Am conflicted on this one. Haven't been onstage since cell phones became commonplace. Not sure I'm entitled to a strong opinion either way for that reason.
No doubt the offending patron was in err, but yes, accidents do happen. The flippant attitude to the faux pas however....hmmmmm.
Tony, I'm with you. I don't have much sympathy for the offending parties in these circumstances, but know that embarrassment can paralyze. So, I have a dollop.
Idiots happen, too.
People whose phones ring during a performance should be escorted from the premises by the bouncers. "Out you two pixies go, through the door or out the window."
Let me just clarify this with two things, Chris.
(1) I cannot emphasize enough how LOUD this ring tone was. After the show was over, staff who had been out in the LOBBY told me they could hear it ringing out there.
(2) What pushed me over the edge was that I gave the woman a silent request (by shooting daggers at her from my eyes while simultaneously indicating her purse with my hands) to do SOMETHING and she CLEARLY indicated back that she didn't feel she needed to do ANYTHING. She chose to let the phone just keep ringing. That's what got me so angry.
ANYONE can forget to turn off a phone. But if, when it starts ringing, you don't make a mad dash to SILENCE it, then you are being incredibly rude to the actors as well as the rest of the audience.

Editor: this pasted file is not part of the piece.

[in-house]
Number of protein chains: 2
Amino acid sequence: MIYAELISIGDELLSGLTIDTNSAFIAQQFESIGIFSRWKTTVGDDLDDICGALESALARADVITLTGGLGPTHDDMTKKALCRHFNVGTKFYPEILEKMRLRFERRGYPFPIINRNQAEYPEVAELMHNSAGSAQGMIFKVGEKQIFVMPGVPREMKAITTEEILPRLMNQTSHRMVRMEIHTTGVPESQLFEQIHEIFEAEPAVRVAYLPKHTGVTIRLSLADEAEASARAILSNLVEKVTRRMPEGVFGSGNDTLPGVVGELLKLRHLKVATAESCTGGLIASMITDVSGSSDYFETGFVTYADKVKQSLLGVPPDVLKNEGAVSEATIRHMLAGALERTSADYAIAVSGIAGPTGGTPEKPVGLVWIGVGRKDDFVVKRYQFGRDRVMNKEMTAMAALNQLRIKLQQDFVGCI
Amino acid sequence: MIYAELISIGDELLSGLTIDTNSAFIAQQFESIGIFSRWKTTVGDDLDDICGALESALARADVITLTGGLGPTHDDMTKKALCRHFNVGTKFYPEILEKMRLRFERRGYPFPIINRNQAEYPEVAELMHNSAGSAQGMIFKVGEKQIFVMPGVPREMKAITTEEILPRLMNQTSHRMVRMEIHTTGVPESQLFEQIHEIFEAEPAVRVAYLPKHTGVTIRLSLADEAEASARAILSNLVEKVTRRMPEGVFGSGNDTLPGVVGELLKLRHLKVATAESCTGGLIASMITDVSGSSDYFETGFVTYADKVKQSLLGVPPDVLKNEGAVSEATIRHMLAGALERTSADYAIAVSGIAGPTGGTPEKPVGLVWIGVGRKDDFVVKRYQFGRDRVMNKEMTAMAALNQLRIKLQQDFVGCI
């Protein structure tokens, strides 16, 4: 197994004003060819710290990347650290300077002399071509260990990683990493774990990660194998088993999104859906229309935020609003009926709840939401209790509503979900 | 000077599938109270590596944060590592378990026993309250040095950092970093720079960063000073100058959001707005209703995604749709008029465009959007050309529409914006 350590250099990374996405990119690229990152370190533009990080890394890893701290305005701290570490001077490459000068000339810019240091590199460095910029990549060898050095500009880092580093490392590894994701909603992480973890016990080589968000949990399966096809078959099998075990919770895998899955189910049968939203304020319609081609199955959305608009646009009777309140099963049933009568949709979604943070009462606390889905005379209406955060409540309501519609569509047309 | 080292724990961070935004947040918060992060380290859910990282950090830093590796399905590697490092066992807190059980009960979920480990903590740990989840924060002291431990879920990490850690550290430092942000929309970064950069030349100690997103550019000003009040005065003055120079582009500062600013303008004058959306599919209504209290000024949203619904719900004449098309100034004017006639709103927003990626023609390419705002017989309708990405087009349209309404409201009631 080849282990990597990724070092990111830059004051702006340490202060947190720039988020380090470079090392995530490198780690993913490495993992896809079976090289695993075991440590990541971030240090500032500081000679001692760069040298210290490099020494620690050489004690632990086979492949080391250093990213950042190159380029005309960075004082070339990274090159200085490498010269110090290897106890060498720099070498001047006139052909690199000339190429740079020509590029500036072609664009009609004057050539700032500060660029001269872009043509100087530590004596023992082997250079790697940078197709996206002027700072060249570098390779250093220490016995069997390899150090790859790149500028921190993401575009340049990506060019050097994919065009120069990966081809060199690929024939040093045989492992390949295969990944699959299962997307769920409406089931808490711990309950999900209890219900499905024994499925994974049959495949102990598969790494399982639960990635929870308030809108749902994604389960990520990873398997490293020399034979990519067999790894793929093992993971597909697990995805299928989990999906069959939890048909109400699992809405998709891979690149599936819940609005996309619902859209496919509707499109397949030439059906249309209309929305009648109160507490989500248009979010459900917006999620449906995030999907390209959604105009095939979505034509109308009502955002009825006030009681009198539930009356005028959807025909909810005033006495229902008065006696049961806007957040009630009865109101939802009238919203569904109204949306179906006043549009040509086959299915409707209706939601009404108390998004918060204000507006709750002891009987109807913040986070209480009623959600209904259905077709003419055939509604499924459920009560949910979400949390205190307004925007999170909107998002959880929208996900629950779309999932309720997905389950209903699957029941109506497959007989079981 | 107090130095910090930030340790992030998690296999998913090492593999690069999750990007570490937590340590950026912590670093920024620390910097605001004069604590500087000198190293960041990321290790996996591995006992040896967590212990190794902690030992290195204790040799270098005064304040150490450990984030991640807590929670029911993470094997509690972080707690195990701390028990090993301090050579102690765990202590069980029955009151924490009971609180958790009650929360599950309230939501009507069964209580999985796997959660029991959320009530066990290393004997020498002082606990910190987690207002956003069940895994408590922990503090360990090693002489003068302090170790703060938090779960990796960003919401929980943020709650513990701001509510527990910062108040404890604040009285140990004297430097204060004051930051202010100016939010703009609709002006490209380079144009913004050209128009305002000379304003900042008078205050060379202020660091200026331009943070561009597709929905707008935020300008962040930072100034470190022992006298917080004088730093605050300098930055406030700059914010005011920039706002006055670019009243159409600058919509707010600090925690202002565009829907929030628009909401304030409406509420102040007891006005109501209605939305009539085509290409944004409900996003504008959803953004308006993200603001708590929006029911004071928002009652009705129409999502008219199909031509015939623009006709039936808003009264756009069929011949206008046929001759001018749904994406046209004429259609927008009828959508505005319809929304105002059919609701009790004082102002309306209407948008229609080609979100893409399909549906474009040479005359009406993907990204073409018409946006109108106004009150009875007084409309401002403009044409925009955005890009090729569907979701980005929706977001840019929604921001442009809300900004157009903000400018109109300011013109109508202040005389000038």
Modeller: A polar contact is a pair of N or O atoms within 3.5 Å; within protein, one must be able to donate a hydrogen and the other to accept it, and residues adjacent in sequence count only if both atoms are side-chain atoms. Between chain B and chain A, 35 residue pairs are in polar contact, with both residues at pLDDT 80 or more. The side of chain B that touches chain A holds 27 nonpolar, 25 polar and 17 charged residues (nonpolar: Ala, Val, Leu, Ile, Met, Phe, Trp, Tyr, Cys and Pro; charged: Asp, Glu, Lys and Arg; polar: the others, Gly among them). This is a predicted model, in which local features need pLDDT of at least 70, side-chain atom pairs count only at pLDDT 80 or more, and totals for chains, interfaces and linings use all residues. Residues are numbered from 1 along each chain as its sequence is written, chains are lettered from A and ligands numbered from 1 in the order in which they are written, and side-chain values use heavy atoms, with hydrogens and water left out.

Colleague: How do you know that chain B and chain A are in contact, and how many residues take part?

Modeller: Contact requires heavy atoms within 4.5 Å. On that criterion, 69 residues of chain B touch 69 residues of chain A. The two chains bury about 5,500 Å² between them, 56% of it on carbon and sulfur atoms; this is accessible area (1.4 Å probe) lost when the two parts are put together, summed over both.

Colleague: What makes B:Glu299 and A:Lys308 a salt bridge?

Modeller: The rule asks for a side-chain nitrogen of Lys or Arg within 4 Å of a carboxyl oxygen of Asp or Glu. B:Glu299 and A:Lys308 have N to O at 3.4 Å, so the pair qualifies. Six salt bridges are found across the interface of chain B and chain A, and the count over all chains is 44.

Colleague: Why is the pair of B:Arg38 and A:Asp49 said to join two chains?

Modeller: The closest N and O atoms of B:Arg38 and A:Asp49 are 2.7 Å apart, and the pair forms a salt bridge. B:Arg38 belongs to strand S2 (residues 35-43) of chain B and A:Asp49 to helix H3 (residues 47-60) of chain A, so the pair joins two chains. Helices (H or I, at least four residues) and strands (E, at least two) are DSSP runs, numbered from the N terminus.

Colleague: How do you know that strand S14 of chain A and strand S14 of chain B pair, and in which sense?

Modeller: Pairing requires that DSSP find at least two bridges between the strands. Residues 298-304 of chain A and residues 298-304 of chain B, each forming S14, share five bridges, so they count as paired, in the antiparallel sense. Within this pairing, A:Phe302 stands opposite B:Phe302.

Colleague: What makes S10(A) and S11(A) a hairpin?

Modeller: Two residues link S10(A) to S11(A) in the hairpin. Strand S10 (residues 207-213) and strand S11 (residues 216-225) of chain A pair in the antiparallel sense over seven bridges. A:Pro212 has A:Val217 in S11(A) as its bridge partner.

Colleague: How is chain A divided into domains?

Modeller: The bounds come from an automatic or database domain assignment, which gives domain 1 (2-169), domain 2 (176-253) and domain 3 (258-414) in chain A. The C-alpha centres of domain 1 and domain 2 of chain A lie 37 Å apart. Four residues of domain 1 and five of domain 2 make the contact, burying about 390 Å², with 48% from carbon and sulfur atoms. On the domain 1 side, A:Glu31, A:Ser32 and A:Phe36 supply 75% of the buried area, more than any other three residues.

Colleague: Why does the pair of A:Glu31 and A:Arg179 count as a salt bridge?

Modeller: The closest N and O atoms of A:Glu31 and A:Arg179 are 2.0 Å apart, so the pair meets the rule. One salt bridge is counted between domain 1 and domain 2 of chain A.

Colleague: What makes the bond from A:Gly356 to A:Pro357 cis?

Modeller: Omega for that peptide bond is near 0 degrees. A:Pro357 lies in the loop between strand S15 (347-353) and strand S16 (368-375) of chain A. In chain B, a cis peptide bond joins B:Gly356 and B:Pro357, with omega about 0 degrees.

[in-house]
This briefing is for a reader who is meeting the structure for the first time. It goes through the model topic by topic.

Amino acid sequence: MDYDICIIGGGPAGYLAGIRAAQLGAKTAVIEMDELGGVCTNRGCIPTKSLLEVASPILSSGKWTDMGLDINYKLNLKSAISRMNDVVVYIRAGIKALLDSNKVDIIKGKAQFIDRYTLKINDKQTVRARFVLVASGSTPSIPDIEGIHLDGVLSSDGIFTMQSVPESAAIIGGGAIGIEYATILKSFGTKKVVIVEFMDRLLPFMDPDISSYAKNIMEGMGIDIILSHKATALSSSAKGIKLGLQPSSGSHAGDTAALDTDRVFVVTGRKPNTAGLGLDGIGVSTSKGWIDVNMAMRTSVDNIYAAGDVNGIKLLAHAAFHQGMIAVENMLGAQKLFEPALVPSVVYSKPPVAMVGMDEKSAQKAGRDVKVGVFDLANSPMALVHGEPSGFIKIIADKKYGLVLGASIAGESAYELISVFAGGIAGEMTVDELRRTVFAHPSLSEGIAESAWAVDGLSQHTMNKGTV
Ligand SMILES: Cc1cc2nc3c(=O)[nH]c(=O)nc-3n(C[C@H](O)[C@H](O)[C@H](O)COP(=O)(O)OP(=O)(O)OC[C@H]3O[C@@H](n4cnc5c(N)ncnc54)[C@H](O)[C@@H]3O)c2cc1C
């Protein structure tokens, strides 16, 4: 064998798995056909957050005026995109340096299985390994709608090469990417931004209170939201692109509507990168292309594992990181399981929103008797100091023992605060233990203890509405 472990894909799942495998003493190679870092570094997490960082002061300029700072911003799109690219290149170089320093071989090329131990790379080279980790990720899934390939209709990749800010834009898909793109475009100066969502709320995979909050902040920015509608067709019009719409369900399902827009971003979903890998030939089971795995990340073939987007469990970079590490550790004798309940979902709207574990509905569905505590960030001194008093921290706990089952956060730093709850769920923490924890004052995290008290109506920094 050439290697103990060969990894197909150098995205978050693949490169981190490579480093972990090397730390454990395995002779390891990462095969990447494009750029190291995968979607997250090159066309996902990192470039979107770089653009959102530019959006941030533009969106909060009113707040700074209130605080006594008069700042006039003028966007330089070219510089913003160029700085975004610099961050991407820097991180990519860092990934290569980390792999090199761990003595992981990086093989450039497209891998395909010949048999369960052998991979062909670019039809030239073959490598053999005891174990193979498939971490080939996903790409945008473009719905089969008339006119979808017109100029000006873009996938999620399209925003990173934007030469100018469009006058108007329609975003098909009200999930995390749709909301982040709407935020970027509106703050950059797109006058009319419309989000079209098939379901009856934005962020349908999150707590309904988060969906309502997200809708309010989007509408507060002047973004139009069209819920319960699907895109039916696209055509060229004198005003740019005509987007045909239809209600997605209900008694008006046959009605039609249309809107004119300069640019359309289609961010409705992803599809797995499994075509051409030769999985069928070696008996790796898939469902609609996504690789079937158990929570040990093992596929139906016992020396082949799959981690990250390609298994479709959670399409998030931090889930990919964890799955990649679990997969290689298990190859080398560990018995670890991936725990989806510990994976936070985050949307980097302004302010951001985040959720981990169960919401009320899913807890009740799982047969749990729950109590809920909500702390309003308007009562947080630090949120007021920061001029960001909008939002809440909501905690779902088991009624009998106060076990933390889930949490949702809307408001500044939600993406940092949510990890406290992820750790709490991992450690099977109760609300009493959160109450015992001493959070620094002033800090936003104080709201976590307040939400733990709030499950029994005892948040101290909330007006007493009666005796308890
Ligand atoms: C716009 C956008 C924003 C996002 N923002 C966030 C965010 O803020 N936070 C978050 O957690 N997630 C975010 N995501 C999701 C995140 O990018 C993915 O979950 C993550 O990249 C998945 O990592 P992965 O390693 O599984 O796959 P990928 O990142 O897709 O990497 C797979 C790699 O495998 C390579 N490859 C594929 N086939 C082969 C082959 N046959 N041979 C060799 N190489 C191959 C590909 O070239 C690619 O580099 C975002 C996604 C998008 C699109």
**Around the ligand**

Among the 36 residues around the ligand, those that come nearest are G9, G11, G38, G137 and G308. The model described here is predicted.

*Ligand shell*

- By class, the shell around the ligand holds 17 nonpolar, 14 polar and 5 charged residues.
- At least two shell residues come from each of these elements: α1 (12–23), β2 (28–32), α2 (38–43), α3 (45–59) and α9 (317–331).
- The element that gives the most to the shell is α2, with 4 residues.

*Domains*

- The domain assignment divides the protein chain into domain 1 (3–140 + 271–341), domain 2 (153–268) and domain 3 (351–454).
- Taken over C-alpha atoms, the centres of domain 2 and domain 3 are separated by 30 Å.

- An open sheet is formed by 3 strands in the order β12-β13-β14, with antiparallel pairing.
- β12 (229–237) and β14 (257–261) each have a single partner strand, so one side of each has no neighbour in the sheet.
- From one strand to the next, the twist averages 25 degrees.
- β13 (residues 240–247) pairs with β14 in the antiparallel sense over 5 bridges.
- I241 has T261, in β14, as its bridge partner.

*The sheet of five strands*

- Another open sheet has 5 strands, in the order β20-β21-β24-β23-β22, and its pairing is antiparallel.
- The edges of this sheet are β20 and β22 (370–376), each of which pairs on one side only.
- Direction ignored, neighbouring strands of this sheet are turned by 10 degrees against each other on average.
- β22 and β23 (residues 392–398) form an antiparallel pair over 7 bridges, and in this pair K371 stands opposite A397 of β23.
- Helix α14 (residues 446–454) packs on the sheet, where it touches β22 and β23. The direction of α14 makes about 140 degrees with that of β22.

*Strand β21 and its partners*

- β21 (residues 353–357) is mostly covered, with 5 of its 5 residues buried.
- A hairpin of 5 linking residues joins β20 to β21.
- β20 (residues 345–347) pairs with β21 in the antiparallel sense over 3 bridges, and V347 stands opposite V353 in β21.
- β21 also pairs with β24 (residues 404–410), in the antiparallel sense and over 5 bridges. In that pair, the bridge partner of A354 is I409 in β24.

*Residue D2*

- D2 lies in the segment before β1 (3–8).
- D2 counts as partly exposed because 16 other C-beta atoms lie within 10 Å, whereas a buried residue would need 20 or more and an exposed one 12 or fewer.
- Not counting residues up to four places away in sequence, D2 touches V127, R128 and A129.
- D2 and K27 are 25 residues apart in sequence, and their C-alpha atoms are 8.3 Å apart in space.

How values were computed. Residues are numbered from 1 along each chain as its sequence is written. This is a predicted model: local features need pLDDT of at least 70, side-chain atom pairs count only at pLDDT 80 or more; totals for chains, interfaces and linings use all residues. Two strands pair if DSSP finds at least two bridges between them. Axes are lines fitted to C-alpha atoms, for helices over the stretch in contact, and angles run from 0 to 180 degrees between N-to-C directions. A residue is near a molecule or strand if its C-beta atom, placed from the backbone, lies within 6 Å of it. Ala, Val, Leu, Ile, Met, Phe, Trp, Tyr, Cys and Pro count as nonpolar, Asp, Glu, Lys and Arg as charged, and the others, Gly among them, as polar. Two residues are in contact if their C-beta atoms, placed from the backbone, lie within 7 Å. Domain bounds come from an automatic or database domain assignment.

Issue paintball guns to audience members. No face shots; everything else is fair game.
How hard is it to mute the phone before the play? Or dive for the thing if it's going off? Seriously. Have some respect. People act like these phones are a Borg neural implant or something. They never turn them off. Resistance is Futile.
I mean, do we need Homeland Security to get a backscatter x-ray on everybody, just to keep them from ruining a dedicated thespian's performance in here?
The actor did the right thing. It should happen more often in live theater to get the point across. But what do we do about movie theaters in which there are no live actors to intervene?
Anyone who doesn't put their phone on silent when attending a play deserves the daggers. But to leave it in the purse, continuing to ring, for 10 or 12 rings? She should be banned from ever attending another live performance of any kind. Period. Incredibly rude to the performers, not to mention everyone else in the audience.
I support the actor's decision. The disruption of enjoying the show is already made by the ringing cell phone, not the actor's performance halt. This was the quickest way to put an end to it and attempt to carry on with the show. The phone could have rung for the rest of the performance if it was not stopped right there and then.
It is no longer an "accident" when the rude idiot decided to just let it ring during the play instead of turning it off immediately.
Yes. Since I can't remember when.
Isn't Warhorse the first non-musical to play the Orpheum in a while?
That gives me great joy.
Also, the word I had to enter to post the first comment without signing in was "Gonad". I kid you not.